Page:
COVID-19 update

  • Protection for the immunocompromised
  • Evusheld is a monoclonal antibody which is highly effective at preventing COVID-19 infections in those with compromised immune systems. It requires two injections in a single visit and protection lasts for six months. The medication has full federal funding, so employer sponsored health plans would only pay for an administrative fee.

    Nonetheless, few who are eligible have received Evusheld. Seven million in the U.S. are eligible, and only 165,000 have received this medication. There are hundreds of thousands of doses sitting on pharmacy shelves, and these (along with vaccination) could save lives.

  • Vaccination protects against heart attacks and strokes after COVID-19
  • Reports of excess heart attacks and strokes in the year following COVID-19 infection are especially worrisome. Researchers reported in the Journal of the American Medical Association that South Koreans who were fully vaccinated had a 52% lower risk of heart attack and a 60% lower risk of stroke between 30 and 90 days after COVID-19 diagnosis compared to those who were unvaccinated. The researchers used a national COVID-19 registry and claims from national health insurance, so the sample size was large (about 168,000 who were fully vaccinated and 63,000 who had received no vaccination).

  • U.S. rates of vaccination of young children are low
  • A survey published this week by Kaiser Family Foundation shows that 43% of parents of children under age five say they do not intend to have their young children vaccinated. This is an increase from previous surveys and is consistent with reports showing very low uptake. Seven percent said that they already had their children under age five vaccinated, and 10% said they intended to have their children under age five vaccinated as soon as possible. Young children only rarely have severe illness from the coronavirus, but the vaccine has been shown to be quite safe. Increasing immunity among children could help disrupt transmission. Vaccinating children also can lead to less parental time away from work. My two grandchildren, ages three and six, are fully vaccinated.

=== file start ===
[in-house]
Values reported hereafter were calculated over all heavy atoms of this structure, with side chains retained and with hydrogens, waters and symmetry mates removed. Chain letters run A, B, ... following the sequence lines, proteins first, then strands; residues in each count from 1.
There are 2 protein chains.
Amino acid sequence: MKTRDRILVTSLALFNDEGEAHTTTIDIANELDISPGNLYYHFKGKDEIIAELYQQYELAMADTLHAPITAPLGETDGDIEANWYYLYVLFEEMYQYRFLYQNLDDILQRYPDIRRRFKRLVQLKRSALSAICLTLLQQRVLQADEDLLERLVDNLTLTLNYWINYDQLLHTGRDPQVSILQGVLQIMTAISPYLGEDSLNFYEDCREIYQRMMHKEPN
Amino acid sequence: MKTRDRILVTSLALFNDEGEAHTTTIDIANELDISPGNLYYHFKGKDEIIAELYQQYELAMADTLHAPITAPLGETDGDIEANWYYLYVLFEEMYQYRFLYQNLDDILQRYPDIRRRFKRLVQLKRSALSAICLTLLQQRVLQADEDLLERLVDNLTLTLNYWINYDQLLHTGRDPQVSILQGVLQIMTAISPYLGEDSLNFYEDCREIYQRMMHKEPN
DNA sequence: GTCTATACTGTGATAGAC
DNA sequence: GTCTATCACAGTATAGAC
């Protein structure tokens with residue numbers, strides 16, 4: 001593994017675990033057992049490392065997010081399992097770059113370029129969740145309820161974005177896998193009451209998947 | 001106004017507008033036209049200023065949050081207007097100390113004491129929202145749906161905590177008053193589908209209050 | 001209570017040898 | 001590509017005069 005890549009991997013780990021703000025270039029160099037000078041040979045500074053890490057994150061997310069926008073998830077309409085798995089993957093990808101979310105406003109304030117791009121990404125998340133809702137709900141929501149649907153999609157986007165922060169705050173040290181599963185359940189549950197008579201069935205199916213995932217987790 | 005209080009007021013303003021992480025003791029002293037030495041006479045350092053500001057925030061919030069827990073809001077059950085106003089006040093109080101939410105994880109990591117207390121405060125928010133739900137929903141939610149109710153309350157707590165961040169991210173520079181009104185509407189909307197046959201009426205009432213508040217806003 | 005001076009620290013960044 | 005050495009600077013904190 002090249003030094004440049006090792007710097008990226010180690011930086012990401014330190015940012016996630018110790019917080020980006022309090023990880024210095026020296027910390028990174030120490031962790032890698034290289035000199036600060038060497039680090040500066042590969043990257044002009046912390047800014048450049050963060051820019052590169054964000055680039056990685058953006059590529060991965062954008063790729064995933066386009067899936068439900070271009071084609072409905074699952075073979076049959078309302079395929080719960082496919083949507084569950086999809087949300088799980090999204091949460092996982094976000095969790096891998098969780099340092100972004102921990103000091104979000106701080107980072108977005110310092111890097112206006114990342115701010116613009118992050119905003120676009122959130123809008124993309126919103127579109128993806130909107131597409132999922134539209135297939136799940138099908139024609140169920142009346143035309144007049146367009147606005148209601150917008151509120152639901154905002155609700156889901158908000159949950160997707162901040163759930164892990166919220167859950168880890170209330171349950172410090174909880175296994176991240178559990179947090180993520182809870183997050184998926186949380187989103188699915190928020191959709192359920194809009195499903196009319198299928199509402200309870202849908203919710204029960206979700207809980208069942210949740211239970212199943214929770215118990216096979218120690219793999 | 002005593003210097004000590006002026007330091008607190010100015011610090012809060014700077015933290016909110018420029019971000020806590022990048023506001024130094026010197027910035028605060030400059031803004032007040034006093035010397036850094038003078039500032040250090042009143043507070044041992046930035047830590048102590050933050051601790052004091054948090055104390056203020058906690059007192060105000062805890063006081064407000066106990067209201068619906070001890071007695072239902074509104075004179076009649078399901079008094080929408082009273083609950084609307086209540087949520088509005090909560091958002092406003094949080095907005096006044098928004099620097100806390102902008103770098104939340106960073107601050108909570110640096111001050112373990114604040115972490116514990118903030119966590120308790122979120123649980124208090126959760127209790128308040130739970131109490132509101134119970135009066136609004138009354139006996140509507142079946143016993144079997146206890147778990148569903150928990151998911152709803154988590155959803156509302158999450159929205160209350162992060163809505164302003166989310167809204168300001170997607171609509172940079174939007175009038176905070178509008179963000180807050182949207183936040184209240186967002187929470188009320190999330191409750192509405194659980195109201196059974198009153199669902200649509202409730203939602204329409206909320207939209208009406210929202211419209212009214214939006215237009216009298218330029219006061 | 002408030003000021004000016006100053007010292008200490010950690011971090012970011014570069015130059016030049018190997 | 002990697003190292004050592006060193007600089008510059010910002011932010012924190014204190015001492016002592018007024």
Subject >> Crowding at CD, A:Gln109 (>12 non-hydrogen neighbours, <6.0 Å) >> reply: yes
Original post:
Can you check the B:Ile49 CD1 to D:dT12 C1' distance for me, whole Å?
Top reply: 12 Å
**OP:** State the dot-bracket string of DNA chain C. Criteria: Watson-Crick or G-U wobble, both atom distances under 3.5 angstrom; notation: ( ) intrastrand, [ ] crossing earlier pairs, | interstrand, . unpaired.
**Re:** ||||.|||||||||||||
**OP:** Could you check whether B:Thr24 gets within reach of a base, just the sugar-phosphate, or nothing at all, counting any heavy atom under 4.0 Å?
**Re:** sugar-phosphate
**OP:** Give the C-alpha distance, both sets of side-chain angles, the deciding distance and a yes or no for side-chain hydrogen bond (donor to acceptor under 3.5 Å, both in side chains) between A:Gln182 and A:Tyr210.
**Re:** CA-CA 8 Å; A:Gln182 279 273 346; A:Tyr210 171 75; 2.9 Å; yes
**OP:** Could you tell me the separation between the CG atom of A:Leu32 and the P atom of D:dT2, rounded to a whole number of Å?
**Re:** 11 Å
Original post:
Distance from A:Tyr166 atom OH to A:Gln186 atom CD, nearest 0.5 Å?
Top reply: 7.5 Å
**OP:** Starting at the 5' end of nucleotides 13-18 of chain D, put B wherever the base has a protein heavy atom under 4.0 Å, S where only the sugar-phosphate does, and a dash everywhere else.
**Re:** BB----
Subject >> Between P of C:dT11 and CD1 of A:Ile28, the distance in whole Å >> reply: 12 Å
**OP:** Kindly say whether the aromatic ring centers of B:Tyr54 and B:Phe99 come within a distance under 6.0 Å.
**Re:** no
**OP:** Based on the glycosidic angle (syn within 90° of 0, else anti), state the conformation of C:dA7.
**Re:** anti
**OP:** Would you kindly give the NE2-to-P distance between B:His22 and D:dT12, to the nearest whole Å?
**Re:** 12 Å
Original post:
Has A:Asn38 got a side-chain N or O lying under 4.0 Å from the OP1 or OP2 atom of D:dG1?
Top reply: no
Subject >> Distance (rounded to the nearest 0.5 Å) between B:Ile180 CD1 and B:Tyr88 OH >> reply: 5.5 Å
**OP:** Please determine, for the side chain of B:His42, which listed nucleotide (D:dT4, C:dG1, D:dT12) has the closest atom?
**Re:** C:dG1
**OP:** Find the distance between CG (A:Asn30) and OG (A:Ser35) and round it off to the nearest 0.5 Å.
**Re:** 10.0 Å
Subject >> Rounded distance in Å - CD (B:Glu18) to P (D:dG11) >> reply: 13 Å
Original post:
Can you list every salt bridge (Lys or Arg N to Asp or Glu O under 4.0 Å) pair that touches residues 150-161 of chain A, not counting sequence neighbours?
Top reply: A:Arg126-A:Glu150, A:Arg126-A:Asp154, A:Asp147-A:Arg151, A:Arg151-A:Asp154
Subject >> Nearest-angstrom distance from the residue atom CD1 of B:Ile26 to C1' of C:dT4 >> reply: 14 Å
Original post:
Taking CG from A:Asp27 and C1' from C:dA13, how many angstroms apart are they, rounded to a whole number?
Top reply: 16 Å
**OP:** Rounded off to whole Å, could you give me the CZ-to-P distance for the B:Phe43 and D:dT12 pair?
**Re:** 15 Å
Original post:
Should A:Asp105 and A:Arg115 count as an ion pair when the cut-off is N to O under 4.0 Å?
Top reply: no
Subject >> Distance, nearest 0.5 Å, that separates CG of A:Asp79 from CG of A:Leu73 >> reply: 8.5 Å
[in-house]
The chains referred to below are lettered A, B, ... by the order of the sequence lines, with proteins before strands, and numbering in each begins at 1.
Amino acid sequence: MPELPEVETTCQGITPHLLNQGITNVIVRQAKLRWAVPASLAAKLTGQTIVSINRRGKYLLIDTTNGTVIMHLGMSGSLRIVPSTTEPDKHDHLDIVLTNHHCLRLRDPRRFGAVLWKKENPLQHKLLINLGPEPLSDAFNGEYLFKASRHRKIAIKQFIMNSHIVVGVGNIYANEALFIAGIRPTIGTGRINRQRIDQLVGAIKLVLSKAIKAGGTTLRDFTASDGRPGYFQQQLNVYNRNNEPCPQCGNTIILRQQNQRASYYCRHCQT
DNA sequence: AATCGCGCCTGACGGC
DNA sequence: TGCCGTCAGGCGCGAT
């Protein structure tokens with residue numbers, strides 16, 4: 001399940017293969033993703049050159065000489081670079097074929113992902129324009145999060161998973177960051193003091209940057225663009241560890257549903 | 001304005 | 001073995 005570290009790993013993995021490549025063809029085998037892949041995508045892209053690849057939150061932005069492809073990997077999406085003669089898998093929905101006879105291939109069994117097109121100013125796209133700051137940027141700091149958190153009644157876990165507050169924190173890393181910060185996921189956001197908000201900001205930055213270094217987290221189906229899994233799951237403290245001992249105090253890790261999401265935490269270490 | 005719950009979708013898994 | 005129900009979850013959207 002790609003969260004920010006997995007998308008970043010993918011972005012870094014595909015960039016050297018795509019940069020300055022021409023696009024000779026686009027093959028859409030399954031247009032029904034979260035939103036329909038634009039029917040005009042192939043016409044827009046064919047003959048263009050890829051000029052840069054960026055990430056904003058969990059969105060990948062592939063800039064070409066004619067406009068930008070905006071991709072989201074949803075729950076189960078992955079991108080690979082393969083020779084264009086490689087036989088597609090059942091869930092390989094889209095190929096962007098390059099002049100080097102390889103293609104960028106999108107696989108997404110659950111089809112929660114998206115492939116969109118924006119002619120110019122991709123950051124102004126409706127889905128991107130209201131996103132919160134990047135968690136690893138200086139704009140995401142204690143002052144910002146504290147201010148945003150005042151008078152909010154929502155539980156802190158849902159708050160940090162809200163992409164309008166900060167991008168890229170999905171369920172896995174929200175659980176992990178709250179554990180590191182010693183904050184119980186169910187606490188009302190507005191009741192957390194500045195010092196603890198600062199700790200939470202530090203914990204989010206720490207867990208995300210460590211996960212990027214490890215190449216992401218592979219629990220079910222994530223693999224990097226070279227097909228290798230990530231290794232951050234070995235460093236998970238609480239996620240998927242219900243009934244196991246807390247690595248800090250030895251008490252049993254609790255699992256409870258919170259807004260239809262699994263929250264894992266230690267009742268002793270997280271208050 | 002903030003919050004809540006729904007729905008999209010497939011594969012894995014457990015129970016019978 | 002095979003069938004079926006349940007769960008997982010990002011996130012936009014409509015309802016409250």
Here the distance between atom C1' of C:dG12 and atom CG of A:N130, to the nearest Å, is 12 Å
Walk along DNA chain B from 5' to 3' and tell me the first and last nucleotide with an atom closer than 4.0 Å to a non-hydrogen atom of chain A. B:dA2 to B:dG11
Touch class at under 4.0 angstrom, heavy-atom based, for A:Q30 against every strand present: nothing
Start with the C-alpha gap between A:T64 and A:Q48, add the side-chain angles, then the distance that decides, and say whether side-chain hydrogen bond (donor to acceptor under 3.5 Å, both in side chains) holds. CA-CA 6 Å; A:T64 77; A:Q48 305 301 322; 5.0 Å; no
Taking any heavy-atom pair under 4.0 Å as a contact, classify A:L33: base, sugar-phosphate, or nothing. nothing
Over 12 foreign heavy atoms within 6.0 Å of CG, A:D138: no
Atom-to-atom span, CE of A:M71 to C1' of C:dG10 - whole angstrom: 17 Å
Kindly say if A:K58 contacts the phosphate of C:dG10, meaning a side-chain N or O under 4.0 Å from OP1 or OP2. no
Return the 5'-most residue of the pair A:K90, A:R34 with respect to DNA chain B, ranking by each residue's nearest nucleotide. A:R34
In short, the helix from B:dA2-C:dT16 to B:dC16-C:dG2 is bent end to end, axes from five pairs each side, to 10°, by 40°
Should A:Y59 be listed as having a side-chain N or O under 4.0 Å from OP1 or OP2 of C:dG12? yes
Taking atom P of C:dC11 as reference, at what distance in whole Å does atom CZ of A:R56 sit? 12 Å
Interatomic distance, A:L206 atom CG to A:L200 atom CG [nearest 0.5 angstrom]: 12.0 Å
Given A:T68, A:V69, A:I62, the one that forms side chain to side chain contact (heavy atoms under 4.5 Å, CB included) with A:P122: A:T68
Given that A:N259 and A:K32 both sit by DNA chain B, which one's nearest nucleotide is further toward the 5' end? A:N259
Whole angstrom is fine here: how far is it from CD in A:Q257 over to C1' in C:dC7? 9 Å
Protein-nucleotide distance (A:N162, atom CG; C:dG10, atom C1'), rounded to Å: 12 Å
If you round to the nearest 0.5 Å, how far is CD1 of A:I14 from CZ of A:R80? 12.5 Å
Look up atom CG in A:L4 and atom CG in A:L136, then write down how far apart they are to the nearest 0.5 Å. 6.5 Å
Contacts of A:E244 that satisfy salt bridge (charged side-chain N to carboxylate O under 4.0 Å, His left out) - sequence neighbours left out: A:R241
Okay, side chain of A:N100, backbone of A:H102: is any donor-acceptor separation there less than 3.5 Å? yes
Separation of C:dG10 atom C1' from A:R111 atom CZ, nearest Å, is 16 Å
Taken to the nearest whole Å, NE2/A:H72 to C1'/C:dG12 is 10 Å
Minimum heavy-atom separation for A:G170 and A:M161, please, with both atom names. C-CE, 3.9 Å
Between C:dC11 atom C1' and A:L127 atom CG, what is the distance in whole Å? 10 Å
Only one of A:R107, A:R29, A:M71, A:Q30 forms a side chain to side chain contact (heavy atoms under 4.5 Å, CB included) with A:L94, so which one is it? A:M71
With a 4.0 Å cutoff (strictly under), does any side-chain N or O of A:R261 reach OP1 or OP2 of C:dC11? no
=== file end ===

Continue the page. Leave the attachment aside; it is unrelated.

• COVID-19 hospitalizations and deaths have increased
  • The subvariant Omicron BA.5 now represents over 80% of cases in the U.S., and reported cases remain at a plateau of about 130,000 cases per day. Hospitalizations are over 43,000 (up 12% in the last two weeks) and there are almost 5,000 patients with COVID-19 in intensive care (up 13% in the last two weeks). Wastewater virus levels continue to climb. Almost half of counties (42%) report a high community level of infection and hospitalization, and over nine in 10 (93%) have a high level of community transmission. Walgreens reported that over a third of tests performed at its pharmacies were positive the week of July 25, 2022. This suggests that we should not expect a lull in COVID-19 cases this summer.

Author

Population Health Leader, Health and Benefits, North America

Jeff is a practicing physician and has led WTW’s clinical response to COVID-19. He has served in leadership roles in provider organizations and a health plan, and is an Assistant Professor at Harvard Chan School of Public Health.